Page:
Ultra Low Cost Canadian airline, Flair Airlines, has had four of their aircraft repossessed in a sudden and unexpected commercial dispute which has been pinned down to not paying lessors on time.
On March 11th 2023, lessor Airborne Capital Ltd repossessed four aircraft placed at Flair Airlines after they alleged Flair owed the company $1 million in unpaid leases.
In commercial aviation, $1 million is not typically enough to warrant such drastic action, as repossessing aircraft is a labour intensive and large-scale job for lessors to undertake. This led people to wonder if there was more to the story than Flair was playing off.
It didn’t take long for Flair Airlines CEO Stephen Jones to effectively state that the repossessions were a result of other carriers attempting to weaken the airline for their own benefit. Jones added that the airline was now caught up with the payments owed to Airborne Capital Ltd.
“We think that the seizure of these aircrafts was connected to conversations with another airline”Stephen Jones, CEO Flair Airlines, during a press conference regarding the matters.
Unfortunately for Flair, things did not improve from there. Airborne states that Flair was behind up to five months in leases and had failed to meet their contractual obligations. Multiple notices were sent to Flair regarding the defaults, however the issues were not resolved and the lessor took the final option of repossessing their assets.
The following list contains the four repossessed aircraft as well as the three that have had their Canadian registrations cancelled, indicating that they will not be re-joining the Flair fleet anytime soon.
- C-FFLA (737-800) seized at Toronto Pearson International (YYZ), registration cancelled 13/03/2023
- C-FLKD (737 MAX 8) seized at Waterloo International (YKF), registration cancelled 13/03/2023
- C-FLKI (737 MAX 8) seized at Edmonton International Airport (YEG), registration cancelled 13/03/2023
- C-FLRS (737 MAX 8) seized at Toronto Pearson International (YYZ), registration still active
The four aircraft remain inactive as the dispute becomes more and more public between the lessor and Flair Airlines.
Canada’s Air Passenger Protection Regulation requires passengers to be compensated by the airline for the disruption. Compensation for an airline of Flair’s size and for the seizure of aircraft could be up to $500 per passenger, leading to further financial woes if publicity about the repossessions escalate.
Mass cancellations of tickets can be a result of such news, and it isn’t made any better that the repossessions have already lead to around 1900 passengers having their flights cancelled, with 420 of them having to wait up to three days to rebook. This is extremely bad timing for Flair as its currently March break where people are most likely to book flights.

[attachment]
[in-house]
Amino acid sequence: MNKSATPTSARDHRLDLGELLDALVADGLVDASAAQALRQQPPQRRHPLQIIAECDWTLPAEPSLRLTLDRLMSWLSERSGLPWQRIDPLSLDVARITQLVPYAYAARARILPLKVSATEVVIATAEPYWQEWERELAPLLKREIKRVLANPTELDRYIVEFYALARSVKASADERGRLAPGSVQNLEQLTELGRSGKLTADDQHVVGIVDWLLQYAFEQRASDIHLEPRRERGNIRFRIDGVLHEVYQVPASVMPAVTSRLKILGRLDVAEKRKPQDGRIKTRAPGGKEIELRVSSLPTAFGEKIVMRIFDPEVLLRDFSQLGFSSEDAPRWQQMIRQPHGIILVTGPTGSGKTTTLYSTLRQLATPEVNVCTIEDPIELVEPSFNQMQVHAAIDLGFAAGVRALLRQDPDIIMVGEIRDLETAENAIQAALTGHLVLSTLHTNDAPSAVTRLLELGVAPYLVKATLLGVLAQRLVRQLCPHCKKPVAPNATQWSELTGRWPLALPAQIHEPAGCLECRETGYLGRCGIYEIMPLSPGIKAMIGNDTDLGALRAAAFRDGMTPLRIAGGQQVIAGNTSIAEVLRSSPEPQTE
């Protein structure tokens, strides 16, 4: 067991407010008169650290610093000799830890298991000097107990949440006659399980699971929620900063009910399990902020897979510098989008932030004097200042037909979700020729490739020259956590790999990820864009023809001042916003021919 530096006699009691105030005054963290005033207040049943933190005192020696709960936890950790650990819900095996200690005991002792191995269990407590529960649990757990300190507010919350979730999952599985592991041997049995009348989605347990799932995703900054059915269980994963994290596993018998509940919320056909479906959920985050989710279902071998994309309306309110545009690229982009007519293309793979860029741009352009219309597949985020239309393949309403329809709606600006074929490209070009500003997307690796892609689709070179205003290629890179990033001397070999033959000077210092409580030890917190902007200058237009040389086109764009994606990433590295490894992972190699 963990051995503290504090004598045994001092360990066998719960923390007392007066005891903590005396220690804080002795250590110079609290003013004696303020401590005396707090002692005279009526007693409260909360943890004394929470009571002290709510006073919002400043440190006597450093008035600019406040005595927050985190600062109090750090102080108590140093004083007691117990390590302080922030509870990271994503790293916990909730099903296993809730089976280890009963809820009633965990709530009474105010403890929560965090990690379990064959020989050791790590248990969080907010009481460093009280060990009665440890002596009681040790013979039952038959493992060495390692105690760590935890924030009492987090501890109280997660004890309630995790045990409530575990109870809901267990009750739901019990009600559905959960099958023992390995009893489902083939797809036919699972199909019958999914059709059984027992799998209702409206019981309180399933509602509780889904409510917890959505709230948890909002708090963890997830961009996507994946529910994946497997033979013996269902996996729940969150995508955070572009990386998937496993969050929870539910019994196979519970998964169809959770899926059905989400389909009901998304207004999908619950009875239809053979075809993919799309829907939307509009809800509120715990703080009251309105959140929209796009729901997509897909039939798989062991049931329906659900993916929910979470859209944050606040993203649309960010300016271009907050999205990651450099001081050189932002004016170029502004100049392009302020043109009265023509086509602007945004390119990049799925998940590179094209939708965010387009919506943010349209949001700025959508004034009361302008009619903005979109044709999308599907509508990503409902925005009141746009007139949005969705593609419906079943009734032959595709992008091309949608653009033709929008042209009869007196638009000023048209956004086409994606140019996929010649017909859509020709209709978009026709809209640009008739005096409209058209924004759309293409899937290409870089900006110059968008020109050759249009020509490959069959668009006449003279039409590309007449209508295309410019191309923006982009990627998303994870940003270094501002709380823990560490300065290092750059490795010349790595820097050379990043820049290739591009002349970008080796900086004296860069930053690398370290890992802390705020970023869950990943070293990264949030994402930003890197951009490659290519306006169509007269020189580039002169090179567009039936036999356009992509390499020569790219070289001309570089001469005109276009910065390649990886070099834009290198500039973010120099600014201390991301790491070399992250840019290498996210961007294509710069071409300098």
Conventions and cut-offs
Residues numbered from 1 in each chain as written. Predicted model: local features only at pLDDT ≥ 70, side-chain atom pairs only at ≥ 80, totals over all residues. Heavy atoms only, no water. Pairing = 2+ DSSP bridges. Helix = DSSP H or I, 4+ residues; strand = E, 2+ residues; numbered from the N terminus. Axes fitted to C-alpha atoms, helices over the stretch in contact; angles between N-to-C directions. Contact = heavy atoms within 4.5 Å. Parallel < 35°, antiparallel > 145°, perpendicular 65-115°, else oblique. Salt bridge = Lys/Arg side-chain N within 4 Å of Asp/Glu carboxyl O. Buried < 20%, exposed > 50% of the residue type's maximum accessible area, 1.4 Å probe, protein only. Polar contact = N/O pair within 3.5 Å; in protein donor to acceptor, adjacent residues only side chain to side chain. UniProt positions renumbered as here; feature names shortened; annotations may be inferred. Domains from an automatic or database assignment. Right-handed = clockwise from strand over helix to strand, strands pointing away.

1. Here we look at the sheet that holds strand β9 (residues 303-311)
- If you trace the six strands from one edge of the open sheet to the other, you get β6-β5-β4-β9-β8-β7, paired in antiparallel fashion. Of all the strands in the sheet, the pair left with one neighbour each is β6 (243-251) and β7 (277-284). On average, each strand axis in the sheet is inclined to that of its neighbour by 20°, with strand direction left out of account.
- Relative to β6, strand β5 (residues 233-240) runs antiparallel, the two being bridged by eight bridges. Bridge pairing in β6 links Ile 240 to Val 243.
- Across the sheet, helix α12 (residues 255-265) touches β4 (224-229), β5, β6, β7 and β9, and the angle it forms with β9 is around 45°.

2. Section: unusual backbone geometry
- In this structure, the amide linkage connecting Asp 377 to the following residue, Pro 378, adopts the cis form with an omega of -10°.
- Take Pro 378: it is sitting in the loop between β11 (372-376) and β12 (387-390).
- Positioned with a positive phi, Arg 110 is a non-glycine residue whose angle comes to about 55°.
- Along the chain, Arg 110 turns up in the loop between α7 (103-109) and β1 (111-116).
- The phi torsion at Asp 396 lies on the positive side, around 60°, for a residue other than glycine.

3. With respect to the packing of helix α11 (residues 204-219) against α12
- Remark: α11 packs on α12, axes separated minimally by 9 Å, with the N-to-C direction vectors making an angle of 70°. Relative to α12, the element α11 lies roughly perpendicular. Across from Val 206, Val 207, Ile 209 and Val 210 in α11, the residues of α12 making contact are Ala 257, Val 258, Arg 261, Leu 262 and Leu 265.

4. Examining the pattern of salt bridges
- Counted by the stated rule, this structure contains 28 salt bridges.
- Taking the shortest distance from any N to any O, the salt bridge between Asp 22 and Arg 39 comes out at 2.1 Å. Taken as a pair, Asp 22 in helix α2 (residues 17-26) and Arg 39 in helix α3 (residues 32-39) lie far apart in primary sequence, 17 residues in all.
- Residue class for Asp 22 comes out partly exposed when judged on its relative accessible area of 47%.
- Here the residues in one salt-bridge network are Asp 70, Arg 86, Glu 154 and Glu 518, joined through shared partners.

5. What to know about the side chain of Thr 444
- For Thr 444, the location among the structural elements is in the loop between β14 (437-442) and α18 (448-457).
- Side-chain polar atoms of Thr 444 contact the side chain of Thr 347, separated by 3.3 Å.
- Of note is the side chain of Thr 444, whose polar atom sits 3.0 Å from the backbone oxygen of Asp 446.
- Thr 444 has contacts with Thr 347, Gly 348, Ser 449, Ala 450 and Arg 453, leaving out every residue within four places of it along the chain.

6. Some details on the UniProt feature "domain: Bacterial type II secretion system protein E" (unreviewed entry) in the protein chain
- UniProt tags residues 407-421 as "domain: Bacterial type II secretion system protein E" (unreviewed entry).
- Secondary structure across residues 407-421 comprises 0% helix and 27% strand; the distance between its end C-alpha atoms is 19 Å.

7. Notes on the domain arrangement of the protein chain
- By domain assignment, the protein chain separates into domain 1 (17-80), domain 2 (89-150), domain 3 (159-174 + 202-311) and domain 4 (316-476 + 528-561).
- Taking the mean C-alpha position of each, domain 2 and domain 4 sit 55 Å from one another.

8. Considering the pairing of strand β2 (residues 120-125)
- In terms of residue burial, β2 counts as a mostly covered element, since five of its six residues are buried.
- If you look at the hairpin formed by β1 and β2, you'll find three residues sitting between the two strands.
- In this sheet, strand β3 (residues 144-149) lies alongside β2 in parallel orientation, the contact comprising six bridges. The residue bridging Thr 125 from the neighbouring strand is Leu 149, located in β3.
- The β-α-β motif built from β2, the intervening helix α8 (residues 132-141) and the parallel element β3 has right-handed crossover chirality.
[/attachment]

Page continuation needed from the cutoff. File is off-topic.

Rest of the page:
Despite this, Flair has remained positive on social media, re-assuring passengers that steps were being taken to maintain schedule integrity and to ensure passengers made their way to their destinations regardless if it was with Flair or any other airline.
Despite the corporate battle involving the four aircraft ongoing behind the scenes, passengers are being offered massive discounts on new bookings for a limited time.
Between March 14 and March 16, passengers can save 35% off base fares using promo code spring35. The sale includes flights to Vancouver, Halifax and Calgary as well as holiday destinations such as Cancun and Palm Springs – Perfect for the Canadian March break.
Potential takers remain reluctant after seeing the news though, with some taking to social media with concern about the airlines situation.
At this stage there has been no further comment from Flair Airlines or Airborne regarding the matter, however, there is no doubt serious conversations are being held behind the scenes to ensure the airline can continue operating and can address any operational issues it may have.
Flair’s parent company, 777 Partners, advertises the airline as the first and only “pure-play” Canadian ultra-low-cost carrier with an à la carte business model.
777 Partners also backs Bonza, a recently launched Australian budget airline centred around leisure-driven routes within the domestic market, operating the Boeing 737 MAX just like Flair.
At this stage, 777 Partners has not released any statement regarding the situation Flair is facing.
What are your thoughts on Flair Airlines’ situation? Will this effect them in the long term?